No mystery here:

Several words come to mind when describing the BBC One hit Sherlock - thrilling, suspenseful and brilliant, but certainly not elementary, my dear Watson. The new Sherlock is the crime-fighting super brain we all know and love, but with a twist. By setting the program in the present-day London, show creators Mark Gatiss and Steven Moffat cleverly incorporate technology and modern-day fears - terrorists, anyone? - into classic stories to attract viewers young and old.

Rising British star Benedict Cumberbatch blows every other portrayal of the famed detective completely out of the water. To put it simply, Cumberbatch is Sherlock. The tall, dashing Brit pairs dark hair and pale skin with piercing ice-blue eyes and his most distinguishing feature - sharp, high cheekbones. As Irene Adler quite fittingly puts it in one episode, "I could cut my hand slapping that face."

Aesthetics aside, Cumberbatch delivers an electrifying performance, expertly spitting lines of brilliant script material with ease and even more pizazz.

Past Sherlock Holmes television and film adaptations have relied on the delightful chemistry between the franchise's protagonists, Holmes and Watson, to carry the weight of the show and the new Sherlock is no exception. Martin Freeman as Watson is the perfect counterbalance to Cumberbatch's dramatic Holmes. He manages to fill the gaps where Holmes' shortcomings might have left him vulnerable, providing a relatable, human side to the seemingly superhuman Holmes. Cumberbatch's Sherlock, a self-diagnosed, high-functioning sociopath, walks the line between eccentric and madman, whose only medicine is the thrill of a new case. Freeman's Watson, on the other hand, goes on dates, writes a blog and is in every sense of the word an average Joe.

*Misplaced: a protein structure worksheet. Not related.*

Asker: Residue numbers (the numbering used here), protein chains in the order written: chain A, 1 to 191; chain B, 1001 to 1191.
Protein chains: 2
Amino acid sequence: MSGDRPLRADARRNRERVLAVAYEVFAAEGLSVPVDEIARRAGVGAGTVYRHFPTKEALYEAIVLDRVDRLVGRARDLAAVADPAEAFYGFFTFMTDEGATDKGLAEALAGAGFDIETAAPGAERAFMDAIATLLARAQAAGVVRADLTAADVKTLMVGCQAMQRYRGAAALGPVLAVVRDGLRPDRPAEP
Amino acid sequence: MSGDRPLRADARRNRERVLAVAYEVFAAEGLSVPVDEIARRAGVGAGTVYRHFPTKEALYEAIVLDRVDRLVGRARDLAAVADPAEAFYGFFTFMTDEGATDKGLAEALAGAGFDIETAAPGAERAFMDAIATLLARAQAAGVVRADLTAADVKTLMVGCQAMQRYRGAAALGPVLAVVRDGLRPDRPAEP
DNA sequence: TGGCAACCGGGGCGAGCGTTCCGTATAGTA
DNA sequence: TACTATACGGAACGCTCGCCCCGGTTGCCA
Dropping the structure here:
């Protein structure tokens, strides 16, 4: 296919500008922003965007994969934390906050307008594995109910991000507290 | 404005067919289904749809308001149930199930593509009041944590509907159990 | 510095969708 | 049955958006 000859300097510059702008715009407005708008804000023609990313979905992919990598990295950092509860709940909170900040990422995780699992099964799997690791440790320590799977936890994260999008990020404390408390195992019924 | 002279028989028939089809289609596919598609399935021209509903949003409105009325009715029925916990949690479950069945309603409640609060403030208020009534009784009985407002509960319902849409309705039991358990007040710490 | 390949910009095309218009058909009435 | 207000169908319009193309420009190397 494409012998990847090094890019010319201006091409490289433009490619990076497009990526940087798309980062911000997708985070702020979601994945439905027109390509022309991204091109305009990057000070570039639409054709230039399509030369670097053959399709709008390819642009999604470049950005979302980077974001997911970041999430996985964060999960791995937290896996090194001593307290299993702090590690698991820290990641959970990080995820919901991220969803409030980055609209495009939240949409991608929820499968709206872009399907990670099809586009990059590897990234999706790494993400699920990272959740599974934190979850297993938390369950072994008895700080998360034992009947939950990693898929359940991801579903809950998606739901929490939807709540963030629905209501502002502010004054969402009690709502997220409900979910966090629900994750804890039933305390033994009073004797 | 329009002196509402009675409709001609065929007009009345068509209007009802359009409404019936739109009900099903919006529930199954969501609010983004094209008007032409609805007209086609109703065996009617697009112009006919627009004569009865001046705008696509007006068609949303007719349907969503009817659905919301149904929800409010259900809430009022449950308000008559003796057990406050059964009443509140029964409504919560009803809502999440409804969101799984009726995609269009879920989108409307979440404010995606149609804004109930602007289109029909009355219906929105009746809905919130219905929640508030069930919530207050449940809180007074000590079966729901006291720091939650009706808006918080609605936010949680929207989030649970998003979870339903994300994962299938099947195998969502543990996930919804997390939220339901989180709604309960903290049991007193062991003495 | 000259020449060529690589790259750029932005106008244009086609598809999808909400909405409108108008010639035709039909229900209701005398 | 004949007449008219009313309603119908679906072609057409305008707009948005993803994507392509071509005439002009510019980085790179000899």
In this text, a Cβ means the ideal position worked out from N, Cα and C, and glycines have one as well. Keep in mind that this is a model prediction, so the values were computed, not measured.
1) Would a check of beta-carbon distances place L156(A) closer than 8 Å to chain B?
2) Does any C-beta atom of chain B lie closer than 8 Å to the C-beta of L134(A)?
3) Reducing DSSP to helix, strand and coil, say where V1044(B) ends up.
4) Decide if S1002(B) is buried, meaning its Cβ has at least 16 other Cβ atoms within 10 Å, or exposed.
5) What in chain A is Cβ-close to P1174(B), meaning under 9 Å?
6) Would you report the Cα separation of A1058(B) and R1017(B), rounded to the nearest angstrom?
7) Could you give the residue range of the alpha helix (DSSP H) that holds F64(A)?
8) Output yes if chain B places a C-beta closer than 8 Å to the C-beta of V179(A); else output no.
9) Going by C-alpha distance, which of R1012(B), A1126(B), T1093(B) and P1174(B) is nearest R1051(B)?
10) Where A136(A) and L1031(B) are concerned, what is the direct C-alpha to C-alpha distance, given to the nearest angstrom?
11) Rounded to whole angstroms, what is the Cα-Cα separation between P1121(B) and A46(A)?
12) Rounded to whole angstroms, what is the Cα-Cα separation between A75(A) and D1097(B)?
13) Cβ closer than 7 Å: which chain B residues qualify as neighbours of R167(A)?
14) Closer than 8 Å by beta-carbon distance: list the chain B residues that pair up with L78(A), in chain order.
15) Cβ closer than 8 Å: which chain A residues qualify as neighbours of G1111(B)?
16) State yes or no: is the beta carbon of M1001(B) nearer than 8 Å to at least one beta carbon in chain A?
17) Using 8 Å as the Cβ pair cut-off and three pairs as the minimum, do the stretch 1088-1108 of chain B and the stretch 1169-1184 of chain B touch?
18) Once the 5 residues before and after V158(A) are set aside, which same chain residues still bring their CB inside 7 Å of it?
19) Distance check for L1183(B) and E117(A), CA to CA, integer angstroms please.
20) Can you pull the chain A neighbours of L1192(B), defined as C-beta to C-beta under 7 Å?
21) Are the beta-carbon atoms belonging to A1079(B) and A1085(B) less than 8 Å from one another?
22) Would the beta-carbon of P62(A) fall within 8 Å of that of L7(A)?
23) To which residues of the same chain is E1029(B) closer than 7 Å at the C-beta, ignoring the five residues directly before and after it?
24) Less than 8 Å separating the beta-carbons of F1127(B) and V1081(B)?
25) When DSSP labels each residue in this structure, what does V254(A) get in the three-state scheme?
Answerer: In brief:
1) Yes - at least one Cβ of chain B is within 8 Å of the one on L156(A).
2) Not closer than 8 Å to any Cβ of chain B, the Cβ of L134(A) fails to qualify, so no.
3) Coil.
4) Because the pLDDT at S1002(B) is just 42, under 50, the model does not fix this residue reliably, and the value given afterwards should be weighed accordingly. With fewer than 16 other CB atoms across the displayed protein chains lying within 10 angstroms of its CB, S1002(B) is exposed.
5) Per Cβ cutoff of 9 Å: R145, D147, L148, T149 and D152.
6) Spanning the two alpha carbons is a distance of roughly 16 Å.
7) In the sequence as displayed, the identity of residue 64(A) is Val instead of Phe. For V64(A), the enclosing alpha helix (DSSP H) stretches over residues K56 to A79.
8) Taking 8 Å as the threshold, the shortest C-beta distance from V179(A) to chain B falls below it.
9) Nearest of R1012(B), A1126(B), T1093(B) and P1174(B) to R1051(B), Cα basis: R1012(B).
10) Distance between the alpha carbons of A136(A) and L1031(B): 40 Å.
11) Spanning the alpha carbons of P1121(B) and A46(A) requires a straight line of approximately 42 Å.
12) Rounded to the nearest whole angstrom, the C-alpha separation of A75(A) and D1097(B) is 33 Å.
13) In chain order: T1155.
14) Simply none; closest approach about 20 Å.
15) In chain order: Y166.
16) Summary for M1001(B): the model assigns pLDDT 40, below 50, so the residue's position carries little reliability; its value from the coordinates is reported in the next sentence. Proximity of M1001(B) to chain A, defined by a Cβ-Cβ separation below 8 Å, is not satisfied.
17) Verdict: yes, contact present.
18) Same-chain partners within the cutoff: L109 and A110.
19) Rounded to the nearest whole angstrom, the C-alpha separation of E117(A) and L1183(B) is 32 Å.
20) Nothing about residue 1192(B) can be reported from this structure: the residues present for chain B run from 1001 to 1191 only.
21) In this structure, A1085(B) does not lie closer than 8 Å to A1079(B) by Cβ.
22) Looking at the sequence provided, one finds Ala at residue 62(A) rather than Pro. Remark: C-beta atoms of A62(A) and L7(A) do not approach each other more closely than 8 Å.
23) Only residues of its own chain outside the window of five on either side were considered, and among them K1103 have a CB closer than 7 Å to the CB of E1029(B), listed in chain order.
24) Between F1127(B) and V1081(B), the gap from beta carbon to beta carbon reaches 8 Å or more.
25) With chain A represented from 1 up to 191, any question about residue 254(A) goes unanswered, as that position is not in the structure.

I mean this, however, in the best possible way. Without the addition of a calmer, more patient character to dilute Holmes' frequent outbursts of manic speech - think Robert Downey Jr.'s Holmes, but on steroids - Holmes' extreme character would be intolerable. Still, when push comes to shove, he has the uncanny ability to retain the audience's sympathy, despite his inhuman detachment.

Finally, every good story needs a great villain, and Sherlock certainly provides one. Moriarty (Andrew Scott), the antagonist of the program, is not the old, withered professor who we've seen in past versions of the Holmes tale. This new Moriarty is young, eerily handsome, wickedly smart and so creepy it's impressive.

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